Google’s Consent Mode continues to be a hot topic, especially since in 2024 it will be required to implement Consent Mode in case a website or app is collecting data for audience building or remarketing with Google’s advertising services. I’ve discussed consent mode before, and I’ve also built a Google Tag Manager community gallery template for managing Consent Mode on a website. With V2, the biggest updates are two new consent signals, ad_user_data and ad_personalization, as well as a revamped URL schema for passing consent states to Google’s services.
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As my LinkedIn inbox graciously reminded me that I’ve been working on Simmer for a full three years now, I’d like to share a couple of observations about education – particularly in the world of technical digital marketing. Online courses are an interesting vehicle for education. The medium offers a plethora of different approaches to knowledge transfer, student assessment, and collaboration. It seems like a no-brainer in today’s day and age, particularly for someone who wants to build a platform that scales beyond in-person tuition.
I am fortunate to share another guest post by Arben Kqiku, Digital Analyst at Assura. Last time, Arben graced this blog with a comprehensive love letter to R as an example of the power of this programming language. This time, he’ll add even more fancy tools to the toolkit to help you build a data pipeline in the Google Cloud Platform to join your Google Ads and Google Analytics 4 data together.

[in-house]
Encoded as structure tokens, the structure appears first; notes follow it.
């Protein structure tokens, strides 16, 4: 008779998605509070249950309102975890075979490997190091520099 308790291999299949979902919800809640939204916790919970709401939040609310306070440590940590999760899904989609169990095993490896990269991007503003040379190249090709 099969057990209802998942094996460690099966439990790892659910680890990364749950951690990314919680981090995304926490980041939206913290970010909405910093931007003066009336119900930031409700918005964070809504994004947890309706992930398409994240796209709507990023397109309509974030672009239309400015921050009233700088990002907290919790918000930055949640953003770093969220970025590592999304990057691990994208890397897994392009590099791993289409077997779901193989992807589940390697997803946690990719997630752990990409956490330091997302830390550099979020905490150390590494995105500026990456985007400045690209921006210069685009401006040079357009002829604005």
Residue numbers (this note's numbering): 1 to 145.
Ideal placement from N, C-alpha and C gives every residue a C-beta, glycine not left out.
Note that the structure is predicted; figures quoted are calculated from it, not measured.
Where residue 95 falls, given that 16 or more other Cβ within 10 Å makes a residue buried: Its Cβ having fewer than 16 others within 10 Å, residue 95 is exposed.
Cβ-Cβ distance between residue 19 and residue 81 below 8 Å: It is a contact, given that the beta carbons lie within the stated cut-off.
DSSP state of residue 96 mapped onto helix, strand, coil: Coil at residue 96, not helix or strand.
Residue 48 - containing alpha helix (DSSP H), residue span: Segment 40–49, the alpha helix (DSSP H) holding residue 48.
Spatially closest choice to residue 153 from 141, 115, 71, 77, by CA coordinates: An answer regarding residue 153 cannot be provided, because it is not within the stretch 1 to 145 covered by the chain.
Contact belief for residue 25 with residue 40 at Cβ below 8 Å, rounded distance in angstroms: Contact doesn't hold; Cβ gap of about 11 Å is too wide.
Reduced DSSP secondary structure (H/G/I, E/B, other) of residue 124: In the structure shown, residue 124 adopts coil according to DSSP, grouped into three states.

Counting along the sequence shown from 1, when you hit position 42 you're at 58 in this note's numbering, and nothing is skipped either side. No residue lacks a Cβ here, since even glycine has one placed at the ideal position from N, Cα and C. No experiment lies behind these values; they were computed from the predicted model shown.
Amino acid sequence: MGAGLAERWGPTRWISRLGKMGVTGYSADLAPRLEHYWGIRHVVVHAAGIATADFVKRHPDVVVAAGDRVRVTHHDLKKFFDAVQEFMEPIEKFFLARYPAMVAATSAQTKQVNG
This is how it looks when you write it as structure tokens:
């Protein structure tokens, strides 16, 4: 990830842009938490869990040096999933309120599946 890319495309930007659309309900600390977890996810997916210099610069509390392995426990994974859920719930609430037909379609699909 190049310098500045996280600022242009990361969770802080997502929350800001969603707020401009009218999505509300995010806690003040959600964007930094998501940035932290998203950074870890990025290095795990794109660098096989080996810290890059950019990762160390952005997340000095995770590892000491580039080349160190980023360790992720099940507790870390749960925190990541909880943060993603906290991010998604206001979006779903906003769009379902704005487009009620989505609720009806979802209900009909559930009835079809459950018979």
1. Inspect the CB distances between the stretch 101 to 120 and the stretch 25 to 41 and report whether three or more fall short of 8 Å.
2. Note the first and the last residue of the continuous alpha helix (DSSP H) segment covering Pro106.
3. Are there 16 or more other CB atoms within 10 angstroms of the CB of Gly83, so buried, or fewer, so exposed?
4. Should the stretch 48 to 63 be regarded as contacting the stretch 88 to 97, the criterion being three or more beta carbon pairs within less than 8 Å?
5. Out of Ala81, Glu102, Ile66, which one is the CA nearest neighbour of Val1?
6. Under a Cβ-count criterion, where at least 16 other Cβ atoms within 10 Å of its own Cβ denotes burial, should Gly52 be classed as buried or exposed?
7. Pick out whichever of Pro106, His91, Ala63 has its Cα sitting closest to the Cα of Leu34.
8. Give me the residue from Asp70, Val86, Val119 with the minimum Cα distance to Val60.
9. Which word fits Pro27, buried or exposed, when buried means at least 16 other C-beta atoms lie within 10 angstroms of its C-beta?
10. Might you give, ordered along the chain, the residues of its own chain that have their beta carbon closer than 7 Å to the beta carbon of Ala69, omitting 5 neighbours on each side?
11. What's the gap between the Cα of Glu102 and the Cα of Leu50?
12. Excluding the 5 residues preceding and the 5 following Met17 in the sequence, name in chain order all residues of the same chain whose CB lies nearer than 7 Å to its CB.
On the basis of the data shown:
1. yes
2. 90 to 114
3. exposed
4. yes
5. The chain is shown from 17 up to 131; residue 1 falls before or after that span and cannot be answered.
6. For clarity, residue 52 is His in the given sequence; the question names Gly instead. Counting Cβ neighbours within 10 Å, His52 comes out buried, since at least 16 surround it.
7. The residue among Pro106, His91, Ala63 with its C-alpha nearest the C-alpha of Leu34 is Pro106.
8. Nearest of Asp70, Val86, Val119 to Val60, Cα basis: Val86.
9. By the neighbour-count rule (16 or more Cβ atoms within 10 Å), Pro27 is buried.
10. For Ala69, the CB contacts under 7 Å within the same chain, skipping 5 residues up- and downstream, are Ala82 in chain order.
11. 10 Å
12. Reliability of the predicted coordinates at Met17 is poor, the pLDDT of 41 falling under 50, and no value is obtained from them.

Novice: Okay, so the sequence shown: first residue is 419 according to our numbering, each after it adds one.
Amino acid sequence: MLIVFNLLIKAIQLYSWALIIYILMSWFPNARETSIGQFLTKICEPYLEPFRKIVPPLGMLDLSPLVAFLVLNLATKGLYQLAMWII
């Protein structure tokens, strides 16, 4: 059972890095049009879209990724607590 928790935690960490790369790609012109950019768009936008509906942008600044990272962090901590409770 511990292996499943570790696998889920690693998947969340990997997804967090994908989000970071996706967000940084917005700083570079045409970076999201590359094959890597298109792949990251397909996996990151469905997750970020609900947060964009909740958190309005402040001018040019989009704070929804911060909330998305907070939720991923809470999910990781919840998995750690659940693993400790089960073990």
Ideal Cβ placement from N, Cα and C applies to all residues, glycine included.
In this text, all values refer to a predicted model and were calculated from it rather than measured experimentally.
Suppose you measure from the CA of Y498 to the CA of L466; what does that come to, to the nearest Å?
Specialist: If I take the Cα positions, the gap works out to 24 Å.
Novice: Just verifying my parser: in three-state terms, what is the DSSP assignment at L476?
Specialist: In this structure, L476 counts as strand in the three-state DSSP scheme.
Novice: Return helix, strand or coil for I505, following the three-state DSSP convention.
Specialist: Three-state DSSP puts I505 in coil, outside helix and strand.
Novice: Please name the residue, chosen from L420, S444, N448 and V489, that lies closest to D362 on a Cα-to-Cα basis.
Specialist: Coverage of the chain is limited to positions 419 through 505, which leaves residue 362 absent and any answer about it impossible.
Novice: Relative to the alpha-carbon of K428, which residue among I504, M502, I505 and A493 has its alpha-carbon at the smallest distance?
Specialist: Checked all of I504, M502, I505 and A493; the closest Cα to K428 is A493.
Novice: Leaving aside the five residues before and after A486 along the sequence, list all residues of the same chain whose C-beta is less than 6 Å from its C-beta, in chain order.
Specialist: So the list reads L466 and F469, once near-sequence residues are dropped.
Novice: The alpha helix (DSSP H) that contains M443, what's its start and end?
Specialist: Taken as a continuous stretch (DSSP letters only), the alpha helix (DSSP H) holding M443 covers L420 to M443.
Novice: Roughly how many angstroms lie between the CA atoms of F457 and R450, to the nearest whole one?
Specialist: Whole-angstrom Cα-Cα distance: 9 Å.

In a recent update to server-side tagging in Google Tag Manager, Google switched the default deployment of a server-side tagging backend from Google App Engine to Google Cloud Run. Now, when you create a new container and choose the automatically provisioned tagging server option, this service will be created in Google Cloud Run instead of in Google App Engine. While I’ve written about Cloud Run before, this update gives me an opportunity to review what actually happens when you provision a Cloud Run environment, how you can upgrade it, and how you can add enhancements such as multi-region load balancing to it (with ease, I might add!
Google is going all-in with Google Tag. We’ve already seen the consolidation effort through products like Google Analytics 4, and now Google is extending the merging of the tagging stack into Google Tag Manager, too. I’m referring to the new Google Tag that has replaced Google Analytics 4 configuration tags in your Google Tag Manager containers. With this release, all your old GA4 configuration tags have been auto-migrated to the new Google Tag.
One of the big pain points in configuring Google Analytics 4 through Google Tag Manager has been the difficulty of setting up event parameters, user properties, and settings across a range of tags. Well, we can finally get rid of our clumsy Config tag sequencing hacks because Google has released two new settings variables that mimic how the Google Analytics Settings Variable used to work in Universal Analytics. The new variables are:
Today marks the date of exactly 10 years of marriage to my wife, my friend, the loving mother to our children, and my business partner at Simmer. And yes, they are all the same person – I’m that lucky! Thank you, Mari, for everything.
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